Titusville, PA Fire, Mar 1866
ANOTHER DISASTROUS FIRE
The Moore House and Fourteen Buildings Destroyed.
LOSS FROM $75,000 TO $100,000
Insurance less than $25,000
THE FIRE ACCIDENTAL
We are again called upon to record a most disastrous fire, sweeping away an entire square in one of the most populous and best business sections of the city. The Moore House and fourteen buildings are in flames at the present writing (11 o’clock), and fears are entertained that the adjoining square must be involved in the conflagration.
Unfortunately both of the engines are inoperative in consequences of the extreme cold, and the multitude are rushing to and fro in a while and distracted condition, vainly exerting themselves to stay the destroying flames.
The fire broke out in the livery stable of J. V. Kibble. The alarm was started at precisely at ten o’clock. At that juncture our reporter was standing at the corner of Spring and Franklin streets, and hearing the cry, ran down Franklin and saw a bright light through the cracks of the barn, in the loft of the stable. Mr. H. Bunting and others were endeavoring to break in the doors, and as soon as they succeeded, the crowd rushed in an commenced to remove the vehicles on the ground floor. There were no horses in the stable. Mr. Kibble having left yesterday morning with his entire stock.
The engines, hose and hook & ladder were quickly on the ground and commenced active operations. Washington engine No. 1 took suction in the mill race, near the Titusville mill, but it was found that the valves were frozen and the machine would not take suction. Chief Engineer Gelb at once discovered the cause of the difficulty and directed some of the men to procure hot water.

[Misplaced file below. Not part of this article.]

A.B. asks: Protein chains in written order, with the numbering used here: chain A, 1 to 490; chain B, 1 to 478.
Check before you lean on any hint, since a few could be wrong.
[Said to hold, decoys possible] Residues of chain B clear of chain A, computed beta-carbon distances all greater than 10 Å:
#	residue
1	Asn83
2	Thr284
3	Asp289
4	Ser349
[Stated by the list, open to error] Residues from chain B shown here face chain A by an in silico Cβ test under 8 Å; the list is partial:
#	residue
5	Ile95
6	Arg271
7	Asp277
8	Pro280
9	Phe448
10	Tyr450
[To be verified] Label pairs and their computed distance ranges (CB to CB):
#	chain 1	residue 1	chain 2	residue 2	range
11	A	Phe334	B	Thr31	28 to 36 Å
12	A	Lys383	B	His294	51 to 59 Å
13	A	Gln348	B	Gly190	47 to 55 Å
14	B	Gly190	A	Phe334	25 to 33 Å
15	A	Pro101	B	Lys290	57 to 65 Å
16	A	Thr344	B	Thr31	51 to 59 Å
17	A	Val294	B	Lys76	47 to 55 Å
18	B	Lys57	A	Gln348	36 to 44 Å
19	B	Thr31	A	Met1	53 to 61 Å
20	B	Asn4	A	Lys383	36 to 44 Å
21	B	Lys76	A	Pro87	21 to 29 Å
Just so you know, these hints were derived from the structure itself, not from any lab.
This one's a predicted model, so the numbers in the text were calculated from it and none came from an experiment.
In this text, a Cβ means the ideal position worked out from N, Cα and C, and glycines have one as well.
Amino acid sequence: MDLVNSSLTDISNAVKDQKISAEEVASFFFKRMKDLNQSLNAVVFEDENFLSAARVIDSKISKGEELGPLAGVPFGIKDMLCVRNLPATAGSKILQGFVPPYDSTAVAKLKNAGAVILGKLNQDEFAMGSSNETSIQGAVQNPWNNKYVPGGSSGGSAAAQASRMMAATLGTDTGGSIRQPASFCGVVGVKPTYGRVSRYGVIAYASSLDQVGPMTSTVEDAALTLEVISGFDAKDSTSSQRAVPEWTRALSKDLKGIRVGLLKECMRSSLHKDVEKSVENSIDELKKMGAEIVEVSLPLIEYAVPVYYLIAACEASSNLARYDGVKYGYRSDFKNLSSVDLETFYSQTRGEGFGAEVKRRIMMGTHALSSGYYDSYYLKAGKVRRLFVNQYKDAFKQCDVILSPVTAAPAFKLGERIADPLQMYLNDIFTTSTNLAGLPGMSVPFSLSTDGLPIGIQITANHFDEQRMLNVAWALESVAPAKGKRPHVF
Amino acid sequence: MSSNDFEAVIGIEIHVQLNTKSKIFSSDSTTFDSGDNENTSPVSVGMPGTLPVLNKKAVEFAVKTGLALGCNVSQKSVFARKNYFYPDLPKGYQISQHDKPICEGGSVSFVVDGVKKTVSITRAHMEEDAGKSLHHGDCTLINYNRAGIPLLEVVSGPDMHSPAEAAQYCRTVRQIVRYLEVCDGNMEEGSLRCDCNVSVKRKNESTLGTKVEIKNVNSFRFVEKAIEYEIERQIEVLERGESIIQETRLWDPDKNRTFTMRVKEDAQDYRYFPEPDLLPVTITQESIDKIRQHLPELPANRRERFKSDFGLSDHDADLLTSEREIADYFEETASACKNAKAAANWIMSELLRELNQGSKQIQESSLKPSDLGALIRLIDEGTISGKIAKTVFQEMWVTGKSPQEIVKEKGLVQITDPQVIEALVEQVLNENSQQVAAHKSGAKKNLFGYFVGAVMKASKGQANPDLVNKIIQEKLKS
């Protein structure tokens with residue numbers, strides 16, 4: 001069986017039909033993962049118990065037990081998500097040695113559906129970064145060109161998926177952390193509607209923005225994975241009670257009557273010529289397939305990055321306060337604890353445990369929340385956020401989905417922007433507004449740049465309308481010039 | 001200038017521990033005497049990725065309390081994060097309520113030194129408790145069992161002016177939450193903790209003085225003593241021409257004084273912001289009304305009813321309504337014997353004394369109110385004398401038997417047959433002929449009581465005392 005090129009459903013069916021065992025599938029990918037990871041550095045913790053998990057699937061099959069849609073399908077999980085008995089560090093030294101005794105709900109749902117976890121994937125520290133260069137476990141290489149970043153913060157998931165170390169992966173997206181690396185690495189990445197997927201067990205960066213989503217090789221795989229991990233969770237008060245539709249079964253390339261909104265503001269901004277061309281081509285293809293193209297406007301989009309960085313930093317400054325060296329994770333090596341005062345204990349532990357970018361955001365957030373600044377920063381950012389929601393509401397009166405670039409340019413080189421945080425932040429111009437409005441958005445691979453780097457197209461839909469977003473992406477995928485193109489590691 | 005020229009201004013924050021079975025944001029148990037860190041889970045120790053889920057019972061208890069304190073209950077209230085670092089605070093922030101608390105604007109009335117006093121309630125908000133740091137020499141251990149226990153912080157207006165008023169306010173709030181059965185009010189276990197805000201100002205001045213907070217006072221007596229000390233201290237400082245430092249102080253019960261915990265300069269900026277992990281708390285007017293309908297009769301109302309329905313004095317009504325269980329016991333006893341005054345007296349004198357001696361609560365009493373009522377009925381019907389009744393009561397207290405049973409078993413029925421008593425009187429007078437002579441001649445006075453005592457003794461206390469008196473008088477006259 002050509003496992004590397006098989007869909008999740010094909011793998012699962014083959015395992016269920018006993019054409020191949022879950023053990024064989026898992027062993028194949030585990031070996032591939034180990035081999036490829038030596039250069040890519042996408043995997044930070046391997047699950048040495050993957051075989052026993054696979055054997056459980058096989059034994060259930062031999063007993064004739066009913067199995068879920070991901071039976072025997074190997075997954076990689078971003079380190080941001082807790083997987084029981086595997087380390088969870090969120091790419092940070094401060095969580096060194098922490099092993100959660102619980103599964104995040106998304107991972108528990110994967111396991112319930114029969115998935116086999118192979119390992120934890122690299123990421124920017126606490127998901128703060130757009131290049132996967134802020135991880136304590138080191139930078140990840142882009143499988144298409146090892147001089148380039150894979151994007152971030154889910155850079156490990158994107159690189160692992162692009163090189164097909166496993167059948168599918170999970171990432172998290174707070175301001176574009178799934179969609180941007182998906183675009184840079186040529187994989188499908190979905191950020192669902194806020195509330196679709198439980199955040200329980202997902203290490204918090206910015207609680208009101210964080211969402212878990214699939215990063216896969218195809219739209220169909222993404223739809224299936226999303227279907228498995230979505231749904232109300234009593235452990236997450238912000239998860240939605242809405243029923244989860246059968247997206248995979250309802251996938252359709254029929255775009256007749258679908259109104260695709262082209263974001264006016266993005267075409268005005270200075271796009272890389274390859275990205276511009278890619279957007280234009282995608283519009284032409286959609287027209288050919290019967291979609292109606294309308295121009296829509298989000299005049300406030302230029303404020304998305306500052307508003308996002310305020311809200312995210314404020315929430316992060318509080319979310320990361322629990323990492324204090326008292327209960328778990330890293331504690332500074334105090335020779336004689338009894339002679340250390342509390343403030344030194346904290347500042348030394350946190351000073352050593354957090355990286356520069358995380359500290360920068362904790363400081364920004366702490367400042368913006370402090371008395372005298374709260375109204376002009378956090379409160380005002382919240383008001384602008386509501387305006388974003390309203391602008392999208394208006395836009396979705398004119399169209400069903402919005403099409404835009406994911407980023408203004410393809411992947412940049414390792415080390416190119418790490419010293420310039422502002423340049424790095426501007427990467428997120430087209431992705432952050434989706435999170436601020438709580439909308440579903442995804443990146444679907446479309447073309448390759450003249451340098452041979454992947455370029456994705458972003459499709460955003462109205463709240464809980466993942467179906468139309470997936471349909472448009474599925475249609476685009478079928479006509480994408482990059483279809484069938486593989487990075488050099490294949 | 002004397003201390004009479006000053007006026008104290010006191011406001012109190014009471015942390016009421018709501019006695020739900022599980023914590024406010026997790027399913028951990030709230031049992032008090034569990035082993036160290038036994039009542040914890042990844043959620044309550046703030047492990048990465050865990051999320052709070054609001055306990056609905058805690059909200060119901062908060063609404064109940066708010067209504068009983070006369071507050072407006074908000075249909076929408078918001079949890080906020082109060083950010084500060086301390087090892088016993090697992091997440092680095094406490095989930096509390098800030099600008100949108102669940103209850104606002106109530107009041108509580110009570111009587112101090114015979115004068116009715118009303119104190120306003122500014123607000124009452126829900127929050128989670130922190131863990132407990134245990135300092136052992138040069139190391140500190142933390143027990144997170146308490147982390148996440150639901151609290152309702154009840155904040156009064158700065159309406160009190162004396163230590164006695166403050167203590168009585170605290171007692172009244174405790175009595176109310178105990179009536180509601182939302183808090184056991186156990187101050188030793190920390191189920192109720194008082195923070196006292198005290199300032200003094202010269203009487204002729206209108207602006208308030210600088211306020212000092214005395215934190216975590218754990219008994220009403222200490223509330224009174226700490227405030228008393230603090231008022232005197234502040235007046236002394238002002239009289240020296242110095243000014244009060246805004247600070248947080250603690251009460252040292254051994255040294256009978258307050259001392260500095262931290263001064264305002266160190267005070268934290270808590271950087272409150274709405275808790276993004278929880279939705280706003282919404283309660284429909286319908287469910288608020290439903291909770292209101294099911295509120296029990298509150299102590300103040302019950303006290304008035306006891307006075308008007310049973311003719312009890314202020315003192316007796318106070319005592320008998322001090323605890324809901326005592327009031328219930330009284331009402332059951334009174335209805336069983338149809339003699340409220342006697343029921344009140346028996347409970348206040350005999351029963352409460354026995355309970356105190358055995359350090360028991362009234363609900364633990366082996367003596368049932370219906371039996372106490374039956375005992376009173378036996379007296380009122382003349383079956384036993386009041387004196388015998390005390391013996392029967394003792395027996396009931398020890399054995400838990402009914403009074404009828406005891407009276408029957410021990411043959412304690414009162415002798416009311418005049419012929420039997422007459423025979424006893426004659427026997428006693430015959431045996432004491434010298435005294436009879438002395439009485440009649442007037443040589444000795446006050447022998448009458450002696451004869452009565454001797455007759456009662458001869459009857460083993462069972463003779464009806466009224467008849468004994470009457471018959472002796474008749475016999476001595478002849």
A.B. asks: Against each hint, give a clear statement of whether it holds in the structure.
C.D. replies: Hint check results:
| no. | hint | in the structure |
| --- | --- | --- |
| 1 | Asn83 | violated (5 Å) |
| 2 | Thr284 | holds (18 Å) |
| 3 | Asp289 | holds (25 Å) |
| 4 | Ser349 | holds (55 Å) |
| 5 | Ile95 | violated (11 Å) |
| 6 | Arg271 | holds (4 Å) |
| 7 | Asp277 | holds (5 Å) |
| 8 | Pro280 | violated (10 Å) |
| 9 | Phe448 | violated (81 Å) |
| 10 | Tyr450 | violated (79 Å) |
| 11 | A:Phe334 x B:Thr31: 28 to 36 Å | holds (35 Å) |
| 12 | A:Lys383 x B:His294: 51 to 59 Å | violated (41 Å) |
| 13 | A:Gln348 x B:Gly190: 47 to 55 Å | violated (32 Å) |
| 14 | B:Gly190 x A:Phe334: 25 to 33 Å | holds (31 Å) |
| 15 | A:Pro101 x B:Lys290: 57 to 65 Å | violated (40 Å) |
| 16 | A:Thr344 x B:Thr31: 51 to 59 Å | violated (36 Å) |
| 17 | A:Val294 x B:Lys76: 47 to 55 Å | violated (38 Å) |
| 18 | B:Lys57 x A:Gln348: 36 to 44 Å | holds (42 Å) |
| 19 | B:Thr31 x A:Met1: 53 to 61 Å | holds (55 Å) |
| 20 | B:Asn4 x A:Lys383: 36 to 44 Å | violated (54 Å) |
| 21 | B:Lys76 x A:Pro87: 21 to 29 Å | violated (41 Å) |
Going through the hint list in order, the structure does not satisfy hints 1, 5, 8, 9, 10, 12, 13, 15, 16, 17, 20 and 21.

TWELVE O’CLOCK.—The engines are both vigorously at work and doing excellent service. The flames rapidly extended to Water street on the south and Arch street on the north, and to the Moore House in the rear, and before any water could be effectually supplied, that magnificent building was completely wrapped in flames.
The citizens used their utmost exertions to save property and furniture, and a portion of the contents of the Moore House were safely removed and also from several of the stores on Franklin street.
But everything was thrown promiscuously into street; and it would have seemed almost impossible for any owner to identify his goods.
The engines were worked effectually, but as usual the crowd were indifferent, and a few men were left to do the work. Hundreds of citizens stood by with their hands in their pockets, and no degree of persuasion could induce them to “man the brakes.”
Citizens Engine Co. No. 1, Harry Randall, Foreman, did excellent service in Arch street, and prevented the flames from extending to Andrews & Brewer’s building, and the Wolfe block, opposite the Moore House.
Washington Engine No. 2, got suction in the raceway, west of the Titusville Mills, and soon quenched the angry flames on Franklin street, and stopped their progress southward. They saved the south side of Water street, when everybody feared that the fire would cross the raceway, envelop Good’s block, destroying the stores of Brown & Barron and Olmsted & Jewhurst.
The burnt district comprises the entire square between Arch street and Water street, and Franklin street and the unoccupied lots on Martin street. The derrick and engine house of the Leland & Mills wells were both entirely destroyed.